Delta Dreaming: Old Things and Time

The old oak tree that blew over in the storm last week is gone. The last pieces of trunk and limbs were removed yesterday. A first counting of the rings indicated an age of 126-plus years. That is a long time to stand watch.


But, is that really the way to assess the age of a tree in the front yard of a home? Wouldn’t it be better to count its age it by:


- The number of bag swings that had hung from its branches,

- The number of kids who learned to drive circling its trunk in the family jalopy when daddy wasn’t home,

- The number of newlyweds who came to visit for the first time and met the family under its branches,

- The number of gatherings after funerals witnessed,

- The number of picnics served in it its shade,

- The number of young men come home from a war being hugged beside it, or

- The number of stories, some of them possibly true, swapped around it?


Sometimes it seems we may be overly occupied with the passage of years instead of the missing of opportunities.


There was an aura about that tree. Under its branches, time moved differently. I call it “Wattensaw Time.” It isn’t measured by the passage of minutes but by the fellowship generated. Once, after a long weekend of working around the place, I started to go home to Little Rock when I was told that I should stick around for, “We’re going to eat in a few minutes.” It was noon by regular reckoning and I was lured into the aura. We sat down to dine at 6:30 p.m. That is Wattensaw Time and how delightful it can be when one ceases to resist and simply gives in to its temptations.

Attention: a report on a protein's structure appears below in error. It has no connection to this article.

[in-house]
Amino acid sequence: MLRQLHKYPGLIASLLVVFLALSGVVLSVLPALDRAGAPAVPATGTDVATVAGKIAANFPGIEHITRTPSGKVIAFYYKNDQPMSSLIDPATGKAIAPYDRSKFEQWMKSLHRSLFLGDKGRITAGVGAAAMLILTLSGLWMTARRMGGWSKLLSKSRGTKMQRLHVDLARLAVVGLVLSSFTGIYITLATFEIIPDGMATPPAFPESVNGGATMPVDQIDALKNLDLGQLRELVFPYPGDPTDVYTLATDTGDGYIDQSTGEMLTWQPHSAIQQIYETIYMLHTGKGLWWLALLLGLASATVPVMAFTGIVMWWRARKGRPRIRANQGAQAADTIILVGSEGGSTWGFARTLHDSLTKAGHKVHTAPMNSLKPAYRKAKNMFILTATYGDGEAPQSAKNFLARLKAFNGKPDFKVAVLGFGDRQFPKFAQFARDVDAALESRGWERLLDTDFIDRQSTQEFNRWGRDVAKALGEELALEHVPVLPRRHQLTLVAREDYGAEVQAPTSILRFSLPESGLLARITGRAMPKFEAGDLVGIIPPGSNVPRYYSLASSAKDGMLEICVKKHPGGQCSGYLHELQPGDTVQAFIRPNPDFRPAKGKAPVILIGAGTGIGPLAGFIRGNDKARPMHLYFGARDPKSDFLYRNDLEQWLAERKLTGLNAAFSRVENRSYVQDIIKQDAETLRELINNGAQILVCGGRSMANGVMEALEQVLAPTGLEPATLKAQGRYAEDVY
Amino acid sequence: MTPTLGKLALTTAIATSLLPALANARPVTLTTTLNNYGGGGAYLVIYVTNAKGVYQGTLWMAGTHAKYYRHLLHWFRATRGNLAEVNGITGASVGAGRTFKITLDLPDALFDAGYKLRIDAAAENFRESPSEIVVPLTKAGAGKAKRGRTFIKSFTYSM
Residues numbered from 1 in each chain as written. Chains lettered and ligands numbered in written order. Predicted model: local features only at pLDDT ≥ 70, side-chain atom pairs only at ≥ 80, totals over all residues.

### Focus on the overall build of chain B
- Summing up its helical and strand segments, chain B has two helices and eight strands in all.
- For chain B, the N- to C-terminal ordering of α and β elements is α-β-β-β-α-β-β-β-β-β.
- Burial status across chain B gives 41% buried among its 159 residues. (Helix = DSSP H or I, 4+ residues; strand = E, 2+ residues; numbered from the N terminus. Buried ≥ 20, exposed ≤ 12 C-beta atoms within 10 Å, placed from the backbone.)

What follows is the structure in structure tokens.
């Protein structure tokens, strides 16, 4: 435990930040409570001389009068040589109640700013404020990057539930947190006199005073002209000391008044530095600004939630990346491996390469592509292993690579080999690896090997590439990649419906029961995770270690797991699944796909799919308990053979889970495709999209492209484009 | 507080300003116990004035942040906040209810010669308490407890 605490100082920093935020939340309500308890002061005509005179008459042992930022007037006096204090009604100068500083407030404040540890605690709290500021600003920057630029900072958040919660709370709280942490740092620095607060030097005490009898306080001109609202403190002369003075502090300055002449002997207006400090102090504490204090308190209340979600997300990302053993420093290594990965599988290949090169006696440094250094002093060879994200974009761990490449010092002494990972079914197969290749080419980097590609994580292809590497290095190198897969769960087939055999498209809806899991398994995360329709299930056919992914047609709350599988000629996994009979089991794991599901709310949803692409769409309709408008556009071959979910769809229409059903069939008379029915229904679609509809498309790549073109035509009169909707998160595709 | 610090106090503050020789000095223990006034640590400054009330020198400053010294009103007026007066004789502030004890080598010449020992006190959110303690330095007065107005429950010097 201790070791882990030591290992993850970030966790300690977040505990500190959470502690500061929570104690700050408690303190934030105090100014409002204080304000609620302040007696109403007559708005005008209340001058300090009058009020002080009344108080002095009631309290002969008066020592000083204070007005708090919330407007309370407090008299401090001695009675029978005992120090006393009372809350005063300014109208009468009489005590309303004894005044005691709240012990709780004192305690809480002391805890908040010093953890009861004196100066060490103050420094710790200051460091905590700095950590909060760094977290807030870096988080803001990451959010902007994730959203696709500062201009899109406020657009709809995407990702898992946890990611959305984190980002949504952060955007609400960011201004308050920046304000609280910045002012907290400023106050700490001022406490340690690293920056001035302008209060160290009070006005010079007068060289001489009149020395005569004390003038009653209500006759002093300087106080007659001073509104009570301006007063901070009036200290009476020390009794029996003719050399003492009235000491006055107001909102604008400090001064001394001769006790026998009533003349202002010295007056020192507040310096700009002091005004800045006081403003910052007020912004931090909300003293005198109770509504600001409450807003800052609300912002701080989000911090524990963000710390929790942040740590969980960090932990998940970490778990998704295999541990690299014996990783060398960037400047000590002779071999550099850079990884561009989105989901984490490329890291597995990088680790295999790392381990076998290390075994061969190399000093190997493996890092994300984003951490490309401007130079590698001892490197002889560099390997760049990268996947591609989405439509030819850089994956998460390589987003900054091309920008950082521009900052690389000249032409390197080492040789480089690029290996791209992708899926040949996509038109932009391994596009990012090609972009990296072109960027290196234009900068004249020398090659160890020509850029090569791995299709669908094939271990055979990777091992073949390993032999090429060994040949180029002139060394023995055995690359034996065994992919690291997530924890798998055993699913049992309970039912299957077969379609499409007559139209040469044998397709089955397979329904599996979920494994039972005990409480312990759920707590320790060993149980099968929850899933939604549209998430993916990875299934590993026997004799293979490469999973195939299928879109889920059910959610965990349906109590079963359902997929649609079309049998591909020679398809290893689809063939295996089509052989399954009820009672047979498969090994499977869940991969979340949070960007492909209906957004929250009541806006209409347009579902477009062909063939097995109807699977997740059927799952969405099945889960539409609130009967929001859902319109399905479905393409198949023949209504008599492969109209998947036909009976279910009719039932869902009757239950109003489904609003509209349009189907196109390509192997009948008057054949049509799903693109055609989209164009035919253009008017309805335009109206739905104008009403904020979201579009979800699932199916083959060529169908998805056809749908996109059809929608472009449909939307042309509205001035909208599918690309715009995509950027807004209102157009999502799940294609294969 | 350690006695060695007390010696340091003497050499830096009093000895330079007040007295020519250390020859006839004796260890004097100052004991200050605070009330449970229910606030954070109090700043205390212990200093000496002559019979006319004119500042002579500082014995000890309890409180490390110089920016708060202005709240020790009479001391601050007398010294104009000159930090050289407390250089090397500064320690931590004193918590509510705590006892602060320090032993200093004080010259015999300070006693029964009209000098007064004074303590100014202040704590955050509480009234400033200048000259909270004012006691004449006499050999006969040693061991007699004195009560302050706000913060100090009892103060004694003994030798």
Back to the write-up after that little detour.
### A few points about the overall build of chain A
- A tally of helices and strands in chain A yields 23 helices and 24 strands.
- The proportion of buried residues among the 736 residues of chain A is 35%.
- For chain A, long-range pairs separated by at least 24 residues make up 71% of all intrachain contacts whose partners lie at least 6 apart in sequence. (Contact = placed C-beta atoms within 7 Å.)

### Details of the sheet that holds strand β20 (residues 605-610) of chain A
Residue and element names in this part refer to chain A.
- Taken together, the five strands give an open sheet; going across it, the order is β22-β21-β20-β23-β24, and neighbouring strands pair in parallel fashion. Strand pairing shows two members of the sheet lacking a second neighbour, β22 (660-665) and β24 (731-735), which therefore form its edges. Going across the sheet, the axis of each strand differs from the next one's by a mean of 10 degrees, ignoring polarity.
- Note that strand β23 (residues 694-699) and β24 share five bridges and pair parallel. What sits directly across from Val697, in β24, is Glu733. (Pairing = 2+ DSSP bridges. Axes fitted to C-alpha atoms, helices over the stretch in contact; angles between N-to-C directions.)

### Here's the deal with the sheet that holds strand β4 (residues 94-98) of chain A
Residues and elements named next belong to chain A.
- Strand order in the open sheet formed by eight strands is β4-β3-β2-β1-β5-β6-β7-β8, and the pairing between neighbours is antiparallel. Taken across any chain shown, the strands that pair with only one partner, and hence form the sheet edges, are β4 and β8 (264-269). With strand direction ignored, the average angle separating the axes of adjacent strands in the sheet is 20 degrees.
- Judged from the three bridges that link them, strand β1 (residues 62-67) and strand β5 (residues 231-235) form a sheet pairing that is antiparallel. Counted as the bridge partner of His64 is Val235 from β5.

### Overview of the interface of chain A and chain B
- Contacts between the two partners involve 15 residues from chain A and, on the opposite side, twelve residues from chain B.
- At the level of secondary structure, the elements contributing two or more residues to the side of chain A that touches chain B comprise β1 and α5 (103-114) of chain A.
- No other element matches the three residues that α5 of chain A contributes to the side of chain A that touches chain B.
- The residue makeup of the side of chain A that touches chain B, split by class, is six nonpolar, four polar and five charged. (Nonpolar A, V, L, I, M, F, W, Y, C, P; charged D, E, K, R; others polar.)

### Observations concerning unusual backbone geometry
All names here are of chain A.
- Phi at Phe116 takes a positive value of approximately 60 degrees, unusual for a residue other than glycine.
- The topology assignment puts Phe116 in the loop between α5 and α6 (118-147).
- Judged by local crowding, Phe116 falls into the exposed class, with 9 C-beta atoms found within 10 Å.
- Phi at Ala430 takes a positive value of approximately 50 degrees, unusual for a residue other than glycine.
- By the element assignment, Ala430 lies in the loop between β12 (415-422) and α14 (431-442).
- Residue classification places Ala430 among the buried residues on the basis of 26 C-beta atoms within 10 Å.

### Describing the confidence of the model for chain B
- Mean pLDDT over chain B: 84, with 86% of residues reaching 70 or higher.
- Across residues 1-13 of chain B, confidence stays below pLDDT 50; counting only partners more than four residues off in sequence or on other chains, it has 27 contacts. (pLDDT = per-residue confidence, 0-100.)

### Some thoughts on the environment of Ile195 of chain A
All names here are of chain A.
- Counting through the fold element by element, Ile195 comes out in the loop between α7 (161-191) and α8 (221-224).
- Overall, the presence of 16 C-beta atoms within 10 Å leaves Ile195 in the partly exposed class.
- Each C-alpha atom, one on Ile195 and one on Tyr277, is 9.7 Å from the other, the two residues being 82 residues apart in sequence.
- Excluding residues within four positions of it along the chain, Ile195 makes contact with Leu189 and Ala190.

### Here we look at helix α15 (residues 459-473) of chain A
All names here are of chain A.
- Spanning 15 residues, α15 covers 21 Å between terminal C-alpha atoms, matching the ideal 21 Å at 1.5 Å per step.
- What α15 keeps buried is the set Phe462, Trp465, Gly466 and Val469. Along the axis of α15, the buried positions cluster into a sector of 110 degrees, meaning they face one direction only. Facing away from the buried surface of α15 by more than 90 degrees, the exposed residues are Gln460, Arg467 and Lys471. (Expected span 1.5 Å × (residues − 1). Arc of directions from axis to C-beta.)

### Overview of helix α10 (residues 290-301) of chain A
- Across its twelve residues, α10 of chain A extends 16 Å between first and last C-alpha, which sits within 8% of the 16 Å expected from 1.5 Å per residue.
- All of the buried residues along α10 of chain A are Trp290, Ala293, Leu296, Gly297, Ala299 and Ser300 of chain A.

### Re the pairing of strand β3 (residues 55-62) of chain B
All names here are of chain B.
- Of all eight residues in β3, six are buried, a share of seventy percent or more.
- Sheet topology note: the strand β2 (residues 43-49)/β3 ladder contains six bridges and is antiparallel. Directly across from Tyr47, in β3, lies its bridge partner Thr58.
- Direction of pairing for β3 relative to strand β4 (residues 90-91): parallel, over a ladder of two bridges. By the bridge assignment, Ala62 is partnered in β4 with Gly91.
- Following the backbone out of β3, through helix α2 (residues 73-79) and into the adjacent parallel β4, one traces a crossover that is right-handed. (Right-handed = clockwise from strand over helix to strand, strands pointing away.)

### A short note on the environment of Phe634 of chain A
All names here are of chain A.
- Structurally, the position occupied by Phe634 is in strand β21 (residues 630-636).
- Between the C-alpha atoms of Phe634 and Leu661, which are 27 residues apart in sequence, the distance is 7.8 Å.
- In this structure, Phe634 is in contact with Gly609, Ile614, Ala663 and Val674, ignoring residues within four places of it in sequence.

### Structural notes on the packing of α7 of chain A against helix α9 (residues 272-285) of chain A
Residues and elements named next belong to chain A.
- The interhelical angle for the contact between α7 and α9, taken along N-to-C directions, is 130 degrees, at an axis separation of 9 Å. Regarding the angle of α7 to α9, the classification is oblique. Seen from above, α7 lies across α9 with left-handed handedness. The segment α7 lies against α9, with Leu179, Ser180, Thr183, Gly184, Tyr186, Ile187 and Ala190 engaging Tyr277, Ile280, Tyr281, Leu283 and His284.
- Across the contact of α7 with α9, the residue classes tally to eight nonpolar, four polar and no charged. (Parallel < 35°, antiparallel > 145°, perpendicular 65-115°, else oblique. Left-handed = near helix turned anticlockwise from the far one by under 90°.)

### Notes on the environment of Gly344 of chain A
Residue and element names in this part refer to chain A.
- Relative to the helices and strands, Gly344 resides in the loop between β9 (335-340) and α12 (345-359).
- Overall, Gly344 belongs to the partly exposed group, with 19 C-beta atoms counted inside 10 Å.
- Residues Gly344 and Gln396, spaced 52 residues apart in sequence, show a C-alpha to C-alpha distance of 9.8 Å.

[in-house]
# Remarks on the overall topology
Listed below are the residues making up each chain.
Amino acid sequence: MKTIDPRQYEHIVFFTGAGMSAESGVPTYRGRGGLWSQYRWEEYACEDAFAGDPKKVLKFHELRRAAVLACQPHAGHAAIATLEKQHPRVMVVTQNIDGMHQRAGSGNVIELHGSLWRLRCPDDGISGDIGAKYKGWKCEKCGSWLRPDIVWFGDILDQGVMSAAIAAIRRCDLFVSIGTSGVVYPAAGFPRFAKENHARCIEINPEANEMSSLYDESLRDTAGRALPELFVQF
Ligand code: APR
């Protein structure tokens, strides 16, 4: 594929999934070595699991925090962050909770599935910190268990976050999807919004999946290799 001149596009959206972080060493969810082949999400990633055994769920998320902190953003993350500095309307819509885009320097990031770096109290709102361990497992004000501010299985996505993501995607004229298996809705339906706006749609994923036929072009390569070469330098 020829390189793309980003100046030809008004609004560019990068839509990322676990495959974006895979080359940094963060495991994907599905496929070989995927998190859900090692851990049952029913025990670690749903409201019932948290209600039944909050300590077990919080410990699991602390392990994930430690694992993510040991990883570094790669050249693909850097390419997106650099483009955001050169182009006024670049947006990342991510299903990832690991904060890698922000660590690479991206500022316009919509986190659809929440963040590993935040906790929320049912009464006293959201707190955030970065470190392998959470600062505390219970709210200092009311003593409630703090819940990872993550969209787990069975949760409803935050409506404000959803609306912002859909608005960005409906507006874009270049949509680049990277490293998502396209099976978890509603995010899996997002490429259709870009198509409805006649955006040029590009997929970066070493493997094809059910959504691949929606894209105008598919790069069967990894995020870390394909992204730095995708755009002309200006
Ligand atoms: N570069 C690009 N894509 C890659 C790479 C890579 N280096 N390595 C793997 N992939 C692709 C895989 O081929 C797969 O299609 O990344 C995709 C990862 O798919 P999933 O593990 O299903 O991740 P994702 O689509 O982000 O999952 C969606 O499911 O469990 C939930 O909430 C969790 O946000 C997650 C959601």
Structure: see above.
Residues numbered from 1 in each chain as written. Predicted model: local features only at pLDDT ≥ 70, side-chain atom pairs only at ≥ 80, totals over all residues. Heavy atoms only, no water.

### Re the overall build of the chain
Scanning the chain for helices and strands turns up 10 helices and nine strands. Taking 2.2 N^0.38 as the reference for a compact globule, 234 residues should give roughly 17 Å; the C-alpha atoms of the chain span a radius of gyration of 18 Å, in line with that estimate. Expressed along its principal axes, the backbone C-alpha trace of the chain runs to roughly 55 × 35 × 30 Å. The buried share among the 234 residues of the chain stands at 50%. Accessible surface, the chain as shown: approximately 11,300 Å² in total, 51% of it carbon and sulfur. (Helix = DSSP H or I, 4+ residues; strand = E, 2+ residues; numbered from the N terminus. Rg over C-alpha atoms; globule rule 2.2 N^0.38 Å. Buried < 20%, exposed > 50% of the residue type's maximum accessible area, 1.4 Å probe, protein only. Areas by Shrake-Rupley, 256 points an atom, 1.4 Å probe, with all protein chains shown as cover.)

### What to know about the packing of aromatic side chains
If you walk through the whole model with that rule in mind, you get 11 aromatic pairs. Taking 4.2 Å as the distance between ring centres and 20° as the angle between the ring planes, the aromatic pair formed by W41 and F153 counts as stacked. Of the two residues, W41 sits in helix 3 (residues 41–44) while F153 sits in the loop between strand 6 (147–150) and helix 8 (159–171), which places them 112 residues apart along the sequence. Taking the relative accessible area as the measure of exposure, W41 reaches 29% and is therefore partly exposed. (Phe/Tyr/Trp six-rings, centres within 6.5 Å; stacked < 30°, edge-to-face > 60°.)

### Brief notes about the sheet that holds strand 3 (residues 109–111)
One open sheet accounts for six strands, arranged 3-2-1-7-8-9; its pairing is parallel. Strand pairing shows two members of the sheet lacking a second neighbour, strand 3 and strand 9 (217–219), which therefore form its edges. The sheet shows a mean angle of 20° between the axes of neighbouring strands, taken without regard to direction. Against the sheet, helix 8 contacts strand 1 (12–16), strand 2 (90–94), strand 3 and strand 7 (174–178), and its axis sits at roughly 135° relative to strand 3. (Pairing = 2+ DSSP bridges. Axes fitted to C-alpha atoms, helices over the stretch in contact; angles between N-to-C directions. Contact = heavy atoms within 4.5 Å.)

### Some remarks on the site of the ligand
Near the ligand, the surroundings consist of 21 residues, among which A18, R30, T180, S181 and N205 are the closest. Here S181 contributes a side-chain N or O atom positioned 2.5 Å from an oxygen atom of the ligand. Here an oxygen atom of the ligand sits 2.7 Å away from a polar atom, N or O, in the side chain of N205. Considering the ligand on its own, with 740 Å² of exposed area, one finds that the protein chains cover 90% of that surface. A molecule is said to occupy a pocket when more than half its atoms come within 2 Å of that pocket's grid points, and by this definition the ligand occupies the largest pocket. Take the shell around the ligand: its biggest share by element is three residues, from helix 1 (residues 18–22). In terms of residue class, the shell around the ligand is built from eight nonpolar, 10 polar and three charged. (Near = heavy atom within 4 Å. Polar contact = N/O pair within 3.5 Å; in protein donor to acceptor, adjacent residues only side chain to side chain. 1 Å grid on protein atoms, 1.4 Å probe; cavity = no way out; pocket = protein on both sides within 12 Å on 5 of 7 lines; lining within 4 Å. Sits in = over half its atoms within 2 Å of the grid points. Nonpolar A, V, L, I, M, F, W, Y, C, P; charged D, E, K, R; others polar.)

The photograph below may, just may—we don’t know—show an few of the branches of that tree. The time must have been near 1926 or so. The man is Phillip Socrates (pronounced “suh-crate-eese”) Deal, civil war veteran and family patriarch. “Daddy Deal” they called him. More about him on another day.


For right now, let us just pay our respect to old things of all species. Getting there is a privilege that destiny doesn’t afford us all and we should cherish and respect it.


Even if it means living on Wattensaw Time.



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The von Tungeln Family Tree
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